Dr. McGrath is a Licensed Clinical Psychologist and the Chief Clinical Officer at NOCD. He is a member of the Scientific and Clinical Advisory Boards of the International OCD Foundation, a Fellow of the Association for Cognitive and Behavioral Therapies, and the author of "The OCD Answer Book" and "Don't Try Harder, Try Different."
NOCD Therapists specialize in treating OCDView all therapists
Licensed Therapist, MA
I started as a therapist over 14 years ago, working in different mental health environments. Many people with OCD that weren't being treated for it crossed my path and weren't getting better. I decided that I wanted to help people with OCD, so I became an OCD therapist, and eventually, a clinical supervisor. I treated people using Exposure and Response Prevention (ERP) and saw people get better day in and day out. I continue to use ERP because nothing is more effective in treating OCD.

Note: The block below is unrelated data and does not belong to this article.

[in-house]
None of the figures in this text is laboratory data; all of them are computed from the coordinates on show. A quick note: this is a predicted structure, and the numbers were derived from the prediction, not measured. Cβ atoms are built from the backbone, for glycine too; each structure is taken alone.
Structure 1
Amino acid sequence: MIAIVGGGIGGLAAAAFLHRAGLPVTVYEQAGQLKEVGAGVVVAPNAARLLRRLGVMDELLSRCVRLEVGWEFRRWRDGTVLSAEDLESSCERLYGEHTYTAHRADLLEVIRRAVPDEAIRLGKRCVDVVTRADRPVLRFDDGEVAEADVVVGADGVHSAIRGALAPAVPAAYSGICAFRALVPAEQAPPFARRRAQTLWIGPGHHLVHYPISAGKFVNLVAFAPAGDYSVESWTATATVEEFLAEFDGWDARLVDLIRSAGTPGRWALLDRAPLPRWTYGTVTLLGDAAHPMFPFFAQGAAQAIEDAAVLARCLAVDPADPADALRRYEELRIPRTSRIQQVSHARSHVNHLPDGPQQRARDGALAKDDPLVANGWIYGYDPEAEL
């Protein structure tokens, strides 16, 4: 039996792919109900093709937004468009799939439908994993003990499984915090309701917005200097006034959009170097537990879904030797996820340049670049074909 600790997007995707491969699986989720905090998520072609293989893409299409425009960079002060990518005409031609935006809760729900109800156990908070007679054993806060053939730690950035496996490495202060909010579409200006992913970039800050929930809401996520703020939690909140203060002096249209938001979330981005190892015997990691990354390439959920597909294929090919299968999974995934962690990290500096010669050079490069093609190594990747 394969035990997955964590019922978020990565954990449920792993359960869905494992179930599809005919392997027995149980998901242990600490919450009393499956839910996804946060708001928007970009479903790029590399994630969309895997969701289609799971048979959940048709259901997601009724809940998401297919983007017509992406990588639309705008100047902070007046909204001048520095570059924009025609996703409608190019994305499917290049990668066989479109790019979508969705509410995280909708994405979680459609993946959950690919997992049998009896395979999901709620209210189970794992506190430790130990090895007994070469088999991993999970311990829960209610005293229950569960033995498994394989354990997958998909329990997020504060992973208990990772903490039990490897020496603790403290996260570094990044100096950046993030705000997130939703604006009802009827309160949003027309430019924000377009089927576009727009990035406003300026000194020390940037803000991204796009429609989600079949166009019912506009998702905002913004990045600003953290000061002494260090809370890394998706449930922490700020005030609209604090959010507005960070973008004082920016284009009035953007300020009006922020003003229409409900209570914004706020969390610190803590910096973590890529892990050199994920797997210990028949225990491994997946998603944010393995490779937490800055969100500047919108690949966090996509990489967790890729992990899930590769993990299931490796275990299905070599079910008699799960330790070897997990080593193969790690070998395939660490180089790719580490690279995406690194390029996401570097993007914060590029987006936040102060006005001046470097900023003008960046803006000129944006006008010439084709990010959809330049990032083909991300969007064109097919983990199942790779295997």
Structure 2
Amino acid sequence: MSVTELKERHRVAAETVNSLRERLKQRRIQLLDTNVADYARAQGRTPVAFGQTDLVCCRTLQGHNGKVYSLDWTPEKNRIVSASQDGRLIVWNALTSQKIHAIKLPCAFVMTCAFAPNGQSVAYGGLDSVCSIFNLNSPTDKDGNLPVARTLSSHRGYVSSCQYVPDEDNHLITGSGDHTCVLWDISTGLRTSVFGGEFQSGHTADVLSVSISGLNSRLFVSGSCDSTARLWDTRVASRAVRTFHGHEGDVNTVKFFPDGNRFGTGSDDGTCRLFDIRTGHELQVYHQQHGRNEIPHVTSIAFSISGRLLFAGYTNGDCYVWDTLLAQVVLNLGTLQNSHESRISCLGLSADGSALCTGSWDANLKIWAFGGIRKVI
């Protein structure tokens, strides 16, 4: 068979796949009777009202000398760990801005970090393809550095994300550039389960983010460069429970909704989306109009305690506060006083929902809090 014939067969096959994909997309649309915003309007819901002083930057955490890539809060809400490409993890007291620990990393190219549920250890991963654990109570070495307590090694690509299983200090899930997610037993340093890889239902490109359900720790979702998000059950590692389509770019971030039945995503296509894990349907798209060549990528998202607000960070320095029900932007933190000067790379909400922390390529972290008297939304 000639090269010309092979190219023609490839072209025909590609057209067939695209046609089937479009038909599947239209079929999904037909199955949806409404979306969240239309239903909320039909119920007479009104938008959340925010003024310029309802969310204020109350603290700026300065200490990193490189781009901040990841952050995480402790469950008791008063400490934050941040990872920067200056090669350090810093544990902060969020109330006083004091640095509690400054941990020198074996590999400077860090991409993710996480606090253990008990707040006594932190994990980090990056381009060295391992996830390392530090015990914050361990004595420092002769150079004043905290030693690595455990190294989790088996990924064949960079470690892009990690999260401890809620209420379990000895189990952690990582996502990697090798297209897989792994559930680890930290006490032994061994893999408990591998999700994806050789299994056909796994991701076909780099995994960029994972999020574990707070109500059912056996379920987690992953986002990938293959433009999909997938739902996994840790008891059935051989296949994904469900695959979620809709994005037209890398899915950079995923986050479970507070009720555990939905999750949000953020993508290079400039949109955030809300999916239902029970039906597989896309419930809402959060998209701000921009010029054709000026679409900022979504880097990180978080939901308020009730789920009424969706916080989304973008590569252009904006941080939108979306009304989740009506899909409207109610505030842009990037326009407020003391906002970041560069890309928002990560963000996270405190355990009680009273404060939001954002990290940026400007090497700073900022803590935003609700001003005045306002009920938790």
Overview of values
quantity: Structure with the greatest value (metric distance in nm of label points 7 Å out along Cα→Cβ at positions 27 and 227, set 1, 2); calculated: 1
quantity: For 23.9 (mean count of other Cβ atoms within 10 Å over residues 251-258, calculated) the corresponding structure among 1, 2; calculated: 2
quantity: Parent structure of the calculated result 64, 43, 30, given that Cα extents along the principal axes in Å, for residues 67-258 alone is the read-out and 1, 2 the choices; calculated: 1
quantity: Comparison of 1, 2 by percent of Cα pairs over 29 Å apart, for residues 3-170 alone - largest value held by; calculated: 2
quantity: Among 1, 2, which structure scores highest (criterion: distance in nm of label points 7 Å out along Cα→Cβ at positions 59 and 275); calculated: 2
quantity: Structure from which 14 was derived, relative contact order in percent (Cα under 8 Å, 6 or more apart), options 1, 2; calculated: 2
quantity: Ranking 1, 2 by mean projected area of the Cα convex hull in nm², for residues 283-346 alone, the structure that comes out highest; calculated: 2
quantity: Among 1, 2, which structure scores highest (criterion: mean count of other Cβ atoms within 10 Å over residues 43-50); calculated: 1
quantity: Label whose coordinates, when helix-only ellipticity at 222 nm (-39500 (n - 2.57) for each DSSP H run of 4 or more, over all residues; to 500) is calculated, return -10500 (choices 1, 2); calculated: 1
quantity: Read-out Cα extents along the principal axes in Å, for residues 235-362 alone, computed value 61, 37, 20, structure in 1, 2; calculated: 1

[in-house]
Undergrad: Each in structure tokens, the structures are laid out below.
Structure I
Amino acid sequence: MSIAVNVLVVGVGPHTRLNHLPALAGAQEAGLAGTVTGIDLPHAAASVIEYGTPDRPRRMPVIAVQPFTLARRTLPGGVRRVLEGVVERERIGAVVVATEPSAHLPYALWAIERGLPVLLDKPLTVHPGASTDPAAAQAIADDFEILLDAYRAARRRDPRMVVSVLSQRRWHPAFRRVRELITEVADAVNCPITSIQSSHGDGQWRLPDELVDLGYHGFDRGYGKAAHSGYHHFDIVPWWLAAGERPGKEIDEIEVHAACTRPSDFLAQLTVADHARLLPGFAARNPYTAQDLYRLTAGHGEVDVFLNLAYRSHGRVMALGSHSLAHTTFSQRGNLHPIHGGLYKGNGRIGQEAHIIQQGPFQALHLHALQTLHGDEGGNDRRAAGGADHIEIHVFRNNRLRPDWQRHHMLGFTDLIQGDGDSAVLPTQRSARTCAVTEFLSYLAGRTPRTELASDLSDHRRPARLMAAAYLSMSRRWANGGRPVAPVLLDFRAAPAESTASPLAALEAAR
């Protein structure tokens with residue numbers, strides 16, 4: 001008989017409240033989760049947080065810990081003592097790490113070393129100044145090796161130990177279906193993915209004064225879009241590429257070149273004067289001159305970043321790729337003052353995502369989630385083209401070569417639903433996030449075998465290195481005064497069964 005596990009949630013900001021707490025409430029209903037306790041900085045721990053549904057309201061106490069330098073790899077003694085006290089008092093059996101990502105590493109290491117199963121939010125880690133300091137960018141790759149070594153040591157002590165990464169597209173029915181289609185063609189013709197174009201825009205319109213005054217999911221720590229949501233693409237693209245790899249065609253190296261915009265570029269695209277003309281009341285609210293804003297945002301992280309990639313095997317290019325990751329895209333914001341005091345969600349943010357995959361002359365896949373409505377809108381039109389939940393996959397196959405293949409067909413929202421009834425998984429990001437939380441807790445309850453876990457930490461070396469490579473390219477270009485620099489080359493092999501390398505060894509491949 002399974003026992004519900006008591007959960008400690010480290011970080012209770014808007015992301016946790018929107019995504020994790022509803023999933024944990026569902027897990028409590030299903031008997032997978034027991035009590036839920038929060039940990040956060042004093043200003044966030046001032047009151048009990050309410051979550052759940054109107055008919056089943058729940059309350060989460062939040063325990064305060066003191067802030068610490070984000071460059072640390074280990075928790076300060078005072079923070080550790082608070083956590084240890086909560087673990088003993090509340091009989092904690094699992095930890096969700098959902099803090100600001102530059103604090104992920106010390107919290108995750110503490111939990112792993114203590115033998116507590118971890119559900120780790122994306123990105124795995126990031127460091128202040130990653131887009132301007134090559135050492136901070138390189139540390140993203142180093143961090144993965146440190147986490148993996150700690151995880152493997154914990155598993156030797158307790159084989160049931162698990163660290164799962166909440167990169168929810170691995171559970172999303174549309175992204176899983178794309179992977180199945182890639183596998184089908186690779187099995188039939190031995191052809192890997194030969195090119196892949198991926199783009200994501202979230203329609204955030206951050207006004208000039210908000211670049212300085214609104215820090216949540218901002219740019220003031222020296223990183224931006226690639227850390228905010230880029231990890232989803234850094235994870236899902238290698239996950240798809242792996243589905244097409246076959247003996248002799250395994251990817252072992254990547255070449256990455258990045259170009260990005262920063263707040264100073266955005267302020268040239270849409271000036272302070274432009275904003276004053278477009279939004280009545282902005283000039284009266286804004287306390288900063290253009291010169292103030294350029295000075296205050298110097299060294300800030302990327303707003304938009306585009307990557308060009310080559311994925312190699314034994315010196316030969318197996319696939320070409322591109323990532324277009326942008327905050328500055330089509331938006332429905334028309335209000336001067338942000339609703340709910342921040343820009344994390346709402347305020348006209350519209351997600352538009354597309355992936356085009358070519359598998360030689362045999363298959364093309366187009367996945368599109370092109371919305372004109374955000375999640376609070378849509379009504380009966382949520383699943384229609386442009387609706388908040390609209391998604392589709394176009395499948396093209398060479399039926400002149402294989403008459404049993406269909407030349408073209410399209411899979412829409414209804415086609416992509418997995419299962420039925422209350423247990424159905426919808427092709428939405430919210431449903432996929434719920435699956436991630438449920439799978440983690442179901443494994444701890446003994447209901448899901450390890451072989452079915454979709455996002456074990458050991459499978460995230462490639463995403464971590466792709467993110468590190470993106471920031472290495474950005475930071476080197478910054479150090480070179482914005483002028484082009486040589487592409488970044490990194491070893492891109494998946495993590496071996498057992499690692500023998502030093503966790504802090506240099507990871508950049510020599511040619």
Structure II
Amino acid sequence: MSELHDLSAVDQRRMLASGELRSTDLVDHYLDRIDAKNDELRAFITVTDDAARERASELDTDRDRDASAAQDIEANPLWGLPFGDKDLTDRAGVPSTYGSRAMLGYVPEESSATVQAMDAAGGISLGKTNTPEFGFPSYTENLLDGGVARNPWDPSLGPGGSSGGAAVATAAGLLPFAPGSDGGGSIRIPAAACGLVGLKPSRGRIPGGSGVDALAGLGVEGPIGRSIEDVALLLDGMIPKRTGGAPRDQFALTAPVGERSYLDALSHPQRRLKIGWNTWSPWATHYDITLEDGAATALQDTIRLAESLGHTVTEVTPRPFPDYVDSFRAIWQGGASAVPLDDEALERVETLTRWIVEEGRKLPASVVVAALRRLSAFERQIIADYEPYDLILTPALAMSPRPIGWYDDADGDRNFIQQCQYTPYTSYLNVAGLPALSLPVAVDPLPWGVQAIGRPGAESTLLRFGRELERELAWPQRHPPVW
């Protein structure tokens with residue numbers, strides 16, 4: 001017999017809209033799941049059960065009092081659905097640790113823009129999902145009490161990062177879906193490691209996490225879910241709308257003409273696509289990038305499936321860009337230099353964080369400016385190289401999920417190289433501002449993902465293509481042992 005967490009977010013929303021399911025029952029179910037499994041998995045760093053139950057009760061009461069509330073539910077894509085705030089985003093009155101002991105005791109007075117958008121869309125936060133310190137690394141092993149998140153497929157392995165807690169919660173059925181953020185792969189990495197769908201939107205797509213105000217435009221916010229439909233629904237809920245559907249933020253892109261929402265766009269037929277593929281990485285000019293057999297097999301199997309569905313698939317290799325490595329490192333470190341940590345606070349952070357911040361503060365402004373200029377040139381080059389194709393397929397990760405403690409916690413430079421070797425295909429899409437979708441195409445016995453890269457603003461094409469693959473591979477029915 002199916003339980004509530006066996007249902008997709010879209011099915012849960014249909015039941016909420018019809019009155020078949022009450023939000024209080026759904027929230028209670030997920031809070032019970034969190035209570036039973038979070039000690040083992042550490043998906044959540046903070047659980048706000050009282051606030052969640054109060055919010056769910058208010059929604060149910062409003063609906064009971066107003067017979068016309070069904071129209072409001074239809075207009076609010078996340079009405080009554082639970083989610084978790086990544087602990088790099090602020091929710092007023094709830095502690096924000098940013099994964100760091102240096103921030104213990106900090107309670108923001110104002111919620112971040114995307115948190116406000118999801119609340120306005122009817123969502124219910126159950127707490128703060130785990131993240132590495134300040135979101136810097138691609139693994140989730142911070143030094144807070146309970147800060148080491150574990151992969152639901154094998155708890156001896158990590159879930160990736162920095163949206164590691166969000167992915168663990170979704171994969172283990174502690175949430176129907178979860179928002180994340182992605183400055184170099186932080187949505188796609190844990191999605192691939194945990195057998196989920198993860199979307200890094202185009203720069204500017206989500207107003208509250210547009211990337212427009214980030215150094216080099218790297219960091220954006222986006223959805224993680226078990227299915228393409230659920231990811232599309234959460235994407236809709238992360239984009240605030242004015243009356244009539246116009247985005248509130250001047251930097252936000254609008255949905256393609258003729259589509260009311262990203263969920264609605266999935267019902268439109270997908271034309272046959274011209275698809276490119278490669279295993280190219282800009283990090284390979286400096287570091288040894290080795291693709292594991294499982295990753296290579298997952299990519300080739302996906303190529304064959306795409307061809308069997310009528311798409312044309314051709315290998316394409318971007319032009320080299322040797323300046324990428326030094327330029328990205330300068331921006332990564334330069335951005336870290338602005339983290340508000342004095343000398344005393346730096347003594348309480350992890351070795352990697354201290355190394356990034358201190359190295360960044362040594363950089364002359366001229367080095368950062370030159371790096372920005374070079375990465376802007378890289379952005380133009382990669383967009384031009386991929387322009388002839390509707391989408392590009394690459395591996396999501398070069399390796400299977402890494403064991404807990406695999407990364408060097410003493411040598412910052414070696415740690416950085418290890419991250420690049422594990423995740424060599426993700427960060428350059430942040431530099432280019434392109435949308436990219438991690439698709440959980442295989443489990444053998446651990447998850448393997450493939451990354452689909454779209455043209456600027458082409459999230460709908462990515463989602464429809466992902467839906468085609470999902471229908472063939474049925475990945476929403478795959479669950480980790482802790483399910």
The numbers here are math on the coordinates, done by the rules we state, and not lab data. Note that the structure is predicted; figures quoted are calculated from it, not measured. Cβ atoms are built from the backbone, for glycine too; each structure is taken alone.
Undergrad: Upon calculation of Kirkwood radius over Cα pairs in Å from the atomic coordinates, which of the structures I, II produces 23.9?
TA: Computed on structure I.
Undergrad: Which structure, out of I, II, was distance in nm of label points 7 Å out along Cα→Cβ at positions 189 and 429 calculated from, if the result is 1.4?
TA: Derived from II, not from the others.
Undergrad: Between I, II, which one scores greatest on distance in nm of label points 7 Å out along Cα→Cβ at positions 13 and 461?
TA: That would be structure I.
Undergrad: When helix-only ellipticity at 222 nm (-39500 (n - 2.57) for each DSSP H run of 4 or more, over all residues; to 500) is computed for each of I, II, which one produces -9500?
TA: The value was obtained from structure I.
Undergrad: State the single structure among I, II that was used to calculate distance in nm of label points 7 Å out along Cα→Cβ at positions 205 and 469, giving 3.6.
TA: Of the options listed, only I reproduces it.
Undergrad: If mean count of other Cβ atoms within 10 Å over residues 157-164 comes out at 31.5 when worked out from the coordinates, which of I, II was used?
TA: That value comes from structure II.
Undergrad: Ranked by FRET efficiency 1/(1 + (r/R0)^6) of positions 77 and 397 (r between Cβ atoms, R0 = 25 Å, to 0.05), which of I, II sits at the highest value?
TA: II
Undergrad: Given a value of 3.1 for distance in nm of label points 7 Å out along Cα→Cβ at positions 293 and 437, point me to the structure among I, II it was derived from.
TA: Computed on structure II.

Licensed Therapist, LCMHC
When I started treating OCD, I quickly realized how much this type of work means to me because I had to learn how to be okay with discomfort and uncertainty myself. I’ve been practicing as a licensed therapist since 2016. My graduate work is in mental health counseling, and I use Exposure and Response Prevention (ERP) therapy because it’s the gold standard of OCD treatment.
Licensed Therapy, LMHC
I've been a licensed counselor since 2013, having run my private practice with a steady influx of OCD cases for several years. Out of all the approaches to OCD treatment that I've used, I find Exposure and Response Prevention (ERP) therapy to be the most effective. ERP goes beyond other methods and tackles the problem head-on. By using ERP in our sessions, you can look forward to better days ahead.